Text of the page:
Camera hunters are thick as fogs.
To-day I came near being a victim.
I can’t permit my picture to be seen with those of cheap matinee idols. I must keep some dignity.
Americans are too commercial altogether. The pictures of our race are in demand, I imagine.
Beautiful moon, last night!
I filled my stomach with the divine water from a creek.
My face waved in the water. I flattered myself that I was a pretty handsome gentleman.
I sang an ancient Chinese song:
“Come ’long, to-morrow moon,
Carrying a harp!”
Stop your empty noise, meadow-larks!
Silence is the first study of this hill and the last, don’t you know?
I am absorbed in my grave work, “The Secret of the World.”
My neighbouring Jap girl is rather attractive, isn’t she?
I heard a few scratches of her native bubbling.
The pagan speech is not so bad as I thought.
If there is one thing I cannot endure, it is ignorance.
What is the state of your roses, old boy?
The poet Heine is utterly alien to rose culture. Shall I order “How to Raise Roses” from a London publisher?
I went up the hill to pray to God. The higher the nearer.
When I came back, my honourable vestibule was blocked, I found, by the dirt. The poet was ditching close by my residence.
I couldn’t blame his conduct, however, because no one could see my home. I don’t hang out a sign like a quack doctor.
It occurred to me that I would strike into his cottage, and snatch the best poems from his drawer, and sell them with my name.
“I must secure the international copyright,” I said.
But I couldn’t dare it, my impulse being thwarted.
I am no wicked reporter, don’t you see?
I hid me in his historical iron pot all day.
Heine was posting around the following card:
I venture to say that he is the only one civilised Two-Legged in the whole world.
Where is my napkin?
Chinese laundry isn’t punctual in delivery.
I think I must learn how to swear for a pastime.
My fellow brother Mr. —— was shot this morning.
The paper says that there is a possibility of war between Russia and Japan. A preacher prophesies the disappearance of the universe.
Everything is precarious in the extreme.
I will not poke around outside during the day. I will loaf in the poet’s orchard under the breezy moonlight.
Poetical existence is just enough. I will withdraw me to the sanctuary of the Muses.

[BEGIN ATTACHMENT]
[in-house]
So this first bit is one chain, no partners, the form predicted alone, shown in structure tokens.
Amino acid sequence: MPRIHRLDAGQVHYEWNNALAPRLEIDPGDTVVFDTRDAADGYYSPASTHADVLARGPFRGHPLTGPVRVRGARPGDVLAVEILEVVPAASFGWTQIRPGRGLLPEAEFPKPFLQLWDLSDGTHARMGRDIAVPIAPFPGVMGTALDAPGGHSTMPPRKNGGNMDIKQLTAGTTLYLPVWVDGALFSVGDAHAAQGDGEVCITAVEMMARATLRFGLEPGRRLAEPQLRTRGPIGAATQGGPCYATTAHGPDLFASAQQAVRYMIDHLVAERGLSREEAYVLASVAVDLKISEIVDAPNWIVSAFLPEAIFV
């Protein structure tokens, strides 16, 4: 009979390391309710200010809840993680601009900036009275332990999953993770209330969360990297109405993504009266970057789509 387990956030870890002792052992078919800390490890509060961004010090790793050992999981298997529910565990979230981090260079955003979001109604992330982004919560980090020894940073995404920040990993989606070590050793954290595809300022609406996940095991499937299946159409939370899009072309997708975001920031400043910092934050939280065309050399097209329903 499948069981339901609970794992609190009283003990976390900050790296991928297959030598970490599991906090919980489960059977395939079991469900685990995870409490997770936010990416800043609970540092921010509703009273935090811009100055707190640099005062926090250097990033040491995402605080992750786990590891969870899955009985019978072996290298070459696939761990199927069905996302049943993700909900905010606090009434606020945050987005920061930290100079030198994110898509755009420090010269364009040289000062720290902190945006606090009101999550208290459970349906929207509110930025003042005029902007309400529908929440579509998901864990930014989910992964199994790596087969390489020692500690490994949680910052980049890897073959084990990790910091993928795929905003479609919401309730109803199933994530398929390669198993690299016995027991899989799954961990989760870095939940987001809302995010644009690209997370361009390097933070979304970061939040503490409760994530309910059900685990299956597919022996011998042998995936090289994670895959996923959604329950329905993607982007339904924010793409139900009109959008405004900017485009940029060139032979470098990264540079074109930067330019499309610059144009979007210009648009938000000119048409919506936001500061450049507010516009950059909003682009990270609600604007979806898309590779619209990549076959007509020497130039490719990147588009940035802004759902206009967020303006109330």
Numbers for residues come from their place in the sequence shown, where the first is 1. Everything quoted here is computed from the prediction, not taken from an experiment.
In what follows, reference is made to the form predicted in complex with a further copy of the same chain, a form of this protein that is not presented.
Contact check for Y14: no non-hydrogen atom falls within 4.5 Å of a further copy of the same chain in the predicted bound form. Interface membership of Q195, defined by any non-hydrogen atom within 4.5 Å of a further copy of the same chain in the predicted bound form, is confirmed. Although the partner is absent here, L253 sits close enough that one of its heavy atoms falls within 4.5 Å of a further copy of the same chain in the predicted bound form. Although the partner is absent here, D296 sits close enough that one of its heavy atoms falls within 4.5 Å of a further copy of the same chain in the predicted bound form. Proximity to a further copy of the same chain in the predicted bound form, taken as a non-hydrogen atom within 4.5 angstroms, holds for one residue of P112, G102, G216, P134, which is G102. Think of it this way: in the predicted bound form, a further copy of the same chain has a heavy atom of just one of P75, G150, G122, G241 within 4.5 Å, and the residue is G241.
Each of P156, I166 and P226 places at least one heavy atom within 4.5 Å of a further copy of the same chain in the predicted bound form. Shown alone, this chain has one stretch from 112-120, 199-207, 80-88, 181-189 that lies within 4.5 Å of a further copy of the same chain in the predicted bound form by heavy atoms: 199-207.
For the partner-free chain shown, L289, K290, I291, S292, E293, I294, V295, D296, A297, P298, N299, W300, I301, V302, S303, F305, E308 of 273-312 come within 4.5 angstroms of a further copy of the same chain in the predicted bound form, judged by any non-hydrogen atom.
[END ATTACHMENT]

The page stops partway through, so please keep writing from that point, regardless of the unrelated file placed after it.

Heaven be with my soul! Amen!
Good-bye, my dear old world!
21st—A Chinaman passed with a weighty load of washing on his shoulder.
“Friend, stop a minute! Take a glass with me before you go!”
The poet rolled out with a claret bottle.
Did you ever see a Chinee in love? Did you ever see one smile?
Mr. Charley smiled a serene smile of the Flower Kingdom pattern.
“God bless the Empress Dowager!” Mr. Poet said. Both raised their wine.
“The load is too heavy for you. You are killing yourself. I can’t bear to see it. My friend, obey me! Let me help you! Don’t leave till I come back!”
The poet, hurried for his questionable buggy and horse. He cracked his whip—he never whips the horse, but he carries it for fashion’s sake, as he remarks—when Mr. Charley protested, “Me oll-righ, you savvy!”
The Chinaman was dumbfounded, for the poet was unknown to him.
Mr. Heine pushed him in.
When he leaped up, he noticed his horse in tender tone:
“Go on, baby!”
“What a goody-goody! His act never parts from poetry, however,” I said.
I was simply dying for an opportunity to explode my good heart, when I invited one tramp to my Willow Cottage.
I fed him with one dozen eggs.
I emptied out all my change for him.
“Don’t you feel cold, lying outdoors?” I said.
“Don’t you need an overcoat?”
When Mr. Tramp left me with an overcoat in his hand, looking like a proud Mayor of Tokio, my uncle was coming from Mrs. Heine’s.
“Uncle, you do want to be good to a poor man, don’t you? You have made yourself a great philanthropist with your overcoat.”
“What have you done?”
“I presented it to a tramp.”
“Never mind, Uncle! I will buy a swell coat in New York. You have some more, haven’t you?”
“It cost me forty yens at ’Hama. You really are a foolish girl, Asagao!”
(Asagao is my humble name in Japanese.)
Then I kissed his hand most pathetically—in fun for my part, of course.
22nd—My superstitious Mamma!
She mailed me an o mikuji from the holy box of the Akiwa god.